I am writing this part way through November. A few years ago Charlotte Frost and her team at PhDtoPublished got the bright idea to make an academic version of #NaNoWriMo (National Novel Writing Month) and call it #AcWriMo. PhDtoPublished is geared to early career researchers and particularly those still in the late stages of a Phd. For those of you who are further on in your careers, even to the stage of having some kind of academic job, the fact that this challenge happens in November makes it even more challenging. That said, a group challenge can be a good way to motivate yourself to do something you want to do anyway.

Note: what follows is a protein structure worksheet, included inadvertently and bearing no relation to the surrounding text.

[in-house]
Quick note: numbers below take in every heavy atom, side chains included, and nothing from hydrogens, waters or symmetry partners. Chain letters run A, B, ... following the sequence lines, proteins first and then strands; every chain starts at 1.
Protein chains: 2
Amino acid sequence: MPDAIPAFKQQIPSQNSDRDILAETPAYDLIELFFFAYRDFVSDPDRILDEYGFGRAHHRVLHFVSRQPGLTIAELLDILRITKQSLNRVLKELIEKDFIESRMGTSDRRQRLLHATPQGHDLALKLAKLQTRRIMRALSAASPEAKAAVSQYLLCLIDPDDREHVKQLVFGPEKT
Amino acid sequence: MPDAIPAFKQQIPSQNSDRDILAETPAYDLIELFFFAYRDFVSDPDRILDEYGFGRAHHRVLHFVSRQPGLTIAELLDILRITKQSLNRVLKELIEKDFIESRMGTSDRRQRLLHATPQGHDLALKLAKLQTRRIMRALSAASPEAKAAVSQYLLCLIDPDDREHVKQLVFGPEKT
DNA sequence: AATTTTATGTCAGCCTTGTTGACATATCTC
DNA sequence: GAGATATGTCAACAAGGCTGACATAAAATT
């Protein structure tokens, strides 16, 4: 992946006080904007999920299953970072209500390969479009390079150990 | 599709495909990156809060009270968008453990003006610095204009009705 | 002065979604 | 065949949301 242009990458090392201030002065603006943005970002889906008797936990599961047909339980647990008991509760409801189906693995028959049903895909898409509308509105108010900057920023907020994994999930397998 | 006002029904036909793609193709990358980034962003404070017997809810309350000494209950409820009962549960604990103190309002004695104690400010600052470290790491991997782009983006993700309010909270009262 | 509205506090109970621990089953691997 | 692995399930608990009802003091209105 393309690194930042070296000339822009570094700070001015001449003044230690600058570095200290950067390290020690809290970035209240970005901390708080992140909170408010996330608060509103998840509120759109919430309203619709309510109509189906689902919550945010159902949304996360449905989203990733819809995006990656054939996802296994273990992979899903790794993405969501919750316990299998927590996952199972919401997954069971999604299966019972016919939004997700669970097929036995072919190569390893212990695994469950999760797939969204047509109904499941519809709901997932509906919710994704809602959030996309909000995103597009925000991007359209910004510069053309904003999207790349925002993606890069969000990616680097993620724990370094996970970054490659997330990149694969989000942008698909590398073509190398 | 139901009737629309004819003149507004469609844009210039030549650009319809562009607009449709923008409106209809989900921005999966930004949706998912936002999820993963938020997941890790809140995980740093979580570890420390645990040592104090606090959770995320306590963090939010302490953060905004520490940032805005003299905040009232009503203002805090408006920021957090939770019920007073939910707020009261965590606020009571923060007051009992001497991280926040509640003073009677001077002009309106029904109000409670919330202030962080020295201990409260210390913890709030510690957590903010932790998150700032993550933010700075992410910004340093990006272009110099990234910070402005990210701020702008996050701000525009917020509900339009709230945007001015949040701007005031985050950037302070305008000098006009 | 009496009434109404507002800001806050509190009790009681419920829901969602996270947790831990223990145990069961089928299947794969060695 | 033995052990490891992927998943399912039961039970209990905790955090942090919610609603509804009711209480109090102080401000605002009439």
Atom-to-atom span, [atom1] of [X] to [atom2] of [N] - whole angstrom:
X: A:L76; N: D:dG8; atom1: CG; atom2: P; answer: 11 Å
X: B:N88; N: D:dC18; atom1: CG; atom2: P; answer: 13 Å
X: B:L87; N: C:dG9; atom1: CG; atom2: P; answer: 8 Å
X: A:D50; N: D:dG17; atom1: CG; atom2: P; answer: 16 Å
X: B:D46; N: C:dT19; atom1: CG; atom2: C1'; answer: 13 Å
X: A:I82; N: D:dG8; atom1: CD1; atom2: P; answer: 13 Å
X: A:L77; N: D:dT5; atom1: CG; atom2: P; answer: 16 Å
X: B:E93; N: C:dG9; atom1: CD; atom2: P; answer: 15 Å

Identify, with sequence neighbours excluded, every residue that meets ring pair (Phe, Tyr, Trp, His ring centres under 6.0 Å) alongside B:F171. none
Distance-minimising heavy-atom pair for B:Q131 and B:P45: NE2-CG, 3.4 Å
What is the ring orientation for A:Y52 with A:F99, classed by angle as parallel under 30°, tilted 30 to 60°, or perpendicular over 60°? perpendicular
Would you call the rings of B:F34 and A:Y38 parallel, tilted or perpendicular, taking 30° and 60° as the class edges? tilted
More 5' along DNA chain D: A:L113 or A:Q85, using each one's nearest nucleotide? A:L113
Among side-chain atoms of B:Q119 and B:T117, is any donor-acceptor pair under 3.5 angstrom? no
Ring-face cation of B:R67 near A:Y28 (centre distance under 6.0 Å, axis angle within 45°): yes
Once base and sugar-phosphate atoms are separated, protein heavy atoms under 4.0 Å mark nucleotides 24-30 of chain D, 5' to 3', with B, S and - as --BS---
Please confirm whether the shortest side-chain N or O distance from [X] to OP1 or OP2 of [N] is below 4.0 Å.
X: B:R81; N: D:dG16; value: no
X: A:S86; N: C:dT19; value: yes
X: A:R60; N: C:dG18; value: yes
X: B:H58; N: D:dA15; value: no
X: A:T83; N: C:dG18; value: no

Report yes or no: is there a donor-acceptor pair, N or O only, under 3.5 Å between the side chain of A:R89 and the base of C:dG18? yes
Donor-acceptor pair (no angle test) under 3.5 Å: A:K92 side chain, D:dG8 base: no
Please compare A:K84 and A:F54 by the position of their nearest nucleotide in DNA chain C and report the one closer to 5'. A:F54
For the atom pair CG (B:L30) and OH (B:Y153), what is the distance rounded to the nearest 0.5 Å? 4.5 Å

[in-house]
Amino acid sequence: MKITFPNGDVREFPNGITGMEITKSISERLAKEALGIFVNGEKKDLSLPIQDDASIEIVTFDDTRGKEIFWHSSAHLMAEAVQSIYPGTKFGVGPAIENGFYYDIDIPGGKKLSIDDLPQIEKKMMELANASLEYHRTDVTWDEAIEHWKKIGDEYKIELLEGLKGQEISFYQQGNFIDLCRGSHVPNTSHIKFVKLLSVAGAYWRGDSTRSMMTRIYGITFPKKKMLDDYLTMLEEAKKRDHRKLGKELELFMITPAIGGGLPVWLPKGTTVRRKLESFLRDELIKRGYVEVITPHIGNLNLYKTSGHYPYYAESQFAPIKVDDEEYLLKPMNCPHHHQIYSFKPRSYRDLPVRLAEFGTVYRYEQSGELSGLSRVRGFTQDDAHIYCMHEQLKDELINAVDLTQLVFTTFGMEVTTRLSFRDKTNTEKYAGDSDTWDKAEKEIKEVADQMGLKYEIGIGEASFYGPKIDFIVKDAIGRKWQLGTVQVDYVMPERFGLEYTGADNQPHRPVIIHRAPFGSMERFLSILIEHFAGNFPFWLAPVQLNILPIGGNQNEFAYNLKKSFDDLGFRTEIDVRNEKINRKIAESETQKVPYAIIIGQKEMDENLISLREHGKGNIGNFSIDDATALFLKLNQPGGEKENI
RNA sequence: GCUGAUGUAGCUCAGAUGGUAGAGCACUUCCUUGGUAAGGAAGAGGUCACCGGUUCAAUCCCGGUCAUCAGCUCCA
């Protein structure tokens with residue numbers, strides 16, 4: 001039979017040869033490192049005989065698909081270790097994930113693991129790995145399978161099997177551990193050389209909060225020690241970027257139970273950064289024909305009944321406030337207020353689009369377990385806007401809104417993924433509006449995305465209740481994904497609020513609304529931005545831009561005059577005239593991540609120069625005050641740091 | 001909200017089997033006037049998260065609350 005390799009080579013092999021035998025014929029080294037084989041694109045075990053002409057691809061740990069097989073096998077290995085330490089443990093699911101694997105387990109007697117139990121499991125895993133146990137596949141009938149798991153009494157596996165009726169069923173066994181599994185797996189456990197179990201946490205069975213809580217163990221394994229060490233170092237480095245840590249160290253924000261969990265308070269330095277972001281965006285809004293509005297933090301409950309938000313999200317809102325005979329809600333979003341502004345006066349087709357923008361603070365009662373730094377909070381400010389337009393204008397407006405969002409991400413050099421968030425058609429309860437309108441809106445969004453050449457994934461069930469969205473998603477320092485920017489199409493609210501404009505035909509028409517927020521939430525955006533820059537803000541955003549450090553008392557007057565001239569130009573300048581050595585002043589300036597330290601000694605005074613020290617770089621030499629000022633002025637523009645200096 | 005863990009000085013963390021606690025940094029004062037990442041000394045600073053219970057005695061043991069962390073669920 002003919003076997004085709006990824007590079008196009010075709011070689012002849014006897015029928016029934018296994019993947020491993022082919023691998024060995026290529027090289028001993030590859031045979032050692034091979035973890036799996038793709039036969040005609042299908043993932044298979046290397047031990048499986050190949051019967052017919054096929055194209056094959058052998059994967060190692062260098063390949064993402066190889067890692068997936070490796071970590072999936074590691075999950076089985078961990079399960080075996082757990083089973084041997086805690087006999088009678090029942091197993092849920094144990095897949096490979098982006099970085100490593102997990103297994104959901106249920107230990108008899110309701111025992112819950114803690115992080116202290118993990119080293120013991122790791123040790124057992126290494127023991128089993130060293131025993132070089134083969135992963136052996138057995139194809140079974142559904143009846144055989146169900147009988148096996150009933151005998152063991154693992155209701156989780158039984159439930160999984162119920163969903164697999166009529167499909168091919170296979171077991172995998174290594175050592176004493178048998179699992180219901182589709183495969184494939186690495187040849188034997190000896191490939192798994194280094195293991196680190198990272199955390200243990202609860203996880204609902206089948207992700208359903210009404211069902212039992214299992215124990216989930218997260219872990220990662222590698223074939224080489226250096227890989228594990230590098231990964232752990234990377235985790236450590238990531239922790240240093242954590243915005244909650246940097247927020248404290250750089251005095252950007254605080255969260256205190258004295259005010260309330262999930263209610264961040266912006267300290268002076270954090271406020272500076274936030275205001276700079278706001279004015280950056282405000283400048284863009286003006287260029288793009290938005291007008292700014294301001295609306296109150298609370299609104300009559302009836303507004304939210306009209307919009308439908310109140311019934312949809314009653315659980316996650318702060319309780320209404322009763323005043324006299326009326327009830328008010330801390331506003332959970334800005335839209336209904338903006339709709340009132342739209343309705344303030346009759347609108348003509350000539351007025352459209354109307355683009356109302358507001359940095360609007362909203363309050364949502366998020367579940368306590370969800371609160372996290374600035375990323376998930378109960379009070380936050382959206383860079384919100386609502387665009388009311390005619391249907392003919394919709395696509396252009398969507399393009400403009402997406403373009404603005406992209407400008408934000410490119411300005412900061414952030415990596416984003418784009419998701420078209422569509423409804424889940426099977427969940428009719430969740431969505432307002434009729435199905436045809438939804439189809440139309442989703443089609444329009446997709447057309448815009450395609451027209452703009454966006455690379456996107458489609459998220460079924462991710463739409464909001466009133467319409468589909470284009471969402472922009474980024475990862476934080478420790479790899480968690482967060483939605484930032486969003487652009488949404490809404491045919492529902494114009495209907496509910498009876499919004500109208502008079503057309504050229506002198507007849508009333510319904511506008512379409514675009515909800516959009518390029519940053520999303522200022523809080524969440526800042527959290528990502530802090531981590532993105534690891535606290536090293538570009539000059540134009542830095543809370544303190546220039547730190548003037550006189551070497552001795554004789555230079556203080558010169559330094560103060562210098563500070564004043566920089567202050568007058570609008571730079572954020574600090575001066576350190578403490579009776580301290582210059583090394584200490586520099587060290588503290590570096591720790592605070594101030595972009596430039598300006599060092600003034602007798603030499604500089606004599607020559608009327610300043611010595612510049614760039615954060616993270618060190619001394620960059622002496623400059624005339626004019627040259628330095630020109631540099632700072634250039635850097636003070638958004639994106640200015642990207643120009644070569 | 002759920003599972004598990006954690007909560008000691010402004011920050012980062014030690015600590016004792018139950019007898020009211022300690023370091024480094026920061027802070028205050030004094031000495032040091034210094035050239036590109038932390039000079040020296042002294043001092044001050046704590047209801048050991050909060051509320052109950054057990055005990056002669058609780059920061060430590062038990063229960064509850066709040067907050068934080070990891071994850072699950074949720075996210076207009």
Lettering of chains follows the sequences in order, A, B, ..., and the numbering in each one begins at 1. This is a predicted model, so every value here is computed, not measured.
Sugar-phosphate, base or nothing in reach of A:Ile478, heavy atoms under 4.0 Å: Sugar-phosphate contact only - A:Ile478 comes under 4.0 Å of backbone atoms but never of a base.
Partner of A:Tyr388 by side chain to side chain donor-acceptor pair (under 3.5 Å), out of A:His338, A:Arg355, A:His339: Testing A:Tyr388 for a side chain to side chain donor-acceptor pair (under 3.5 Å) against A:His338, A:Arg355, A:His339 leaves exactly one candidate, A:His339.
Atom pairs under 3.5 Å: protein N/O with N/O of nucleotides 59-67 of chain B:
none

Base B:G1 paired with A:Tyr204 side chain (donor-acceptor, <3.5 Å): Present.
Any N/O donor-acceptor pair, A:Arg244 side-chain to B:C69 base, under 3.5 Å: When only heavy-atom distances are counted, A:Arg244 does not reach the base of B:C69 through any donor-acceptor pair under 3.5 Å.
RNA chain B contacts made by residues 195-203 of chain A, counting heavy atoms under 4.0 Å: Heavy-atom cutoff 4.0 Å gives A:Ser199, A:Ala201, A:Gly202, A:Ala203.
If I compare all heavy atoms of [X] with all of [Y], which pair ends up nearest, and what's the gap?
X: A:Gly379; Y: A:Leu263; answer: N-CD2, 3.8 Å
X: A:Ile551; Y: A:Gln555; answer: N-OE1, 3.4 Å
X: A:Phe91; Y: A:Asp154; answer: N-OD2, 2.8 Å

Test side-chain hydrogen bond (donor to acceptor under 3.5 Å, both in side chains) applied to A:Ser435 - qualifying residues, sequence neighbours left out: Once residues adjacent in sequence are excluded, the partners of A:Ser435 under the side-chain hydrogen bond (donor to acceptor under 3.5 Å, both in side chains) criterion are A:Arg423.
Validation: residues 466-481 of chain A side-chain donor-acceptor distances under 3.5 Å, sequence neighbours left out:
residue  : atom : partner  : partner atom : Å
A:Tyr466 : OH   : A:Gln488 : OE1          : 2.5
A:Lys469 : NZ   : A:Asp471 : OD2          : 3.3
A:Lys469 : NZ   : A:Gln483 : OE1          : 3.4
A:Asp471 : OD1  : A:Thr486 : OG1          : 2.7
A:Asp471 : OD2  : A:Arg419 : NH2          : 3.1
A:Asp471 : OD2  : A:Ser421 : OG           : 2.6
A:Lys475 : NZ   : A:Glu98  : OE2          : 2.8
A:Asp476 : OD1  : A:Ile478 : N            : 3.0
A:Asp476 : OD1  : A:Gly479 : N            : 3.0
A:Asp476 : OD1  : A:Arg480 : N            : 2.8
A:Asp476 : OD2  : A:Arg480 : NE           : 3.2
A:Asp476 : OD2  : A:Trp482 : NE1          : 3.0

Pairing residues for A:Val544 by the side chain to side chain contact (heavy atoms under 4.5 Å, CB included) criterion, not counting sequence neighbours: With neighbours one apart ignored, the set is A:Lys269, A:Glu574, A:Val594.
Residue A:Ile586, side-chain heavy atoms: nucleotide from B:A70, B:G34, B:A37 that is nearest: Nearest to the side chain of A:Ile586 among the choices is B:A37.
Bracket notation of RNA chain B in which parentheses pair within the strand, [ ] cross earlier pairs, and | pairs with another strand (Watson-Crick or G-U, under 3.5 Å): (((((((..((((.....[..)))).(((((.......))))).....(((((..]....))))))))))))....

The benefits of a group challenge
The benefit of taking part in a challenge is precisely that community aspect. Other people doing the same thing you are doing helps keep you motivated. Someone else has come up with ways to check in about your progress. You are part of a community even if you don’t know these other people at all. You also get to meet new people who you might go on to self-organize short term challenges or #writingsprint sessions with. The energy of the large group also affects you, hopefully positively. Encouragement or inspiration can be powerful motivators.
If this is your experience of the #AcWriMo challenge, carry on. You may want to read the rest of the post in case it enables you to help your friends and colleagues who are not having such a good experience, but you can also just stop reading and go write.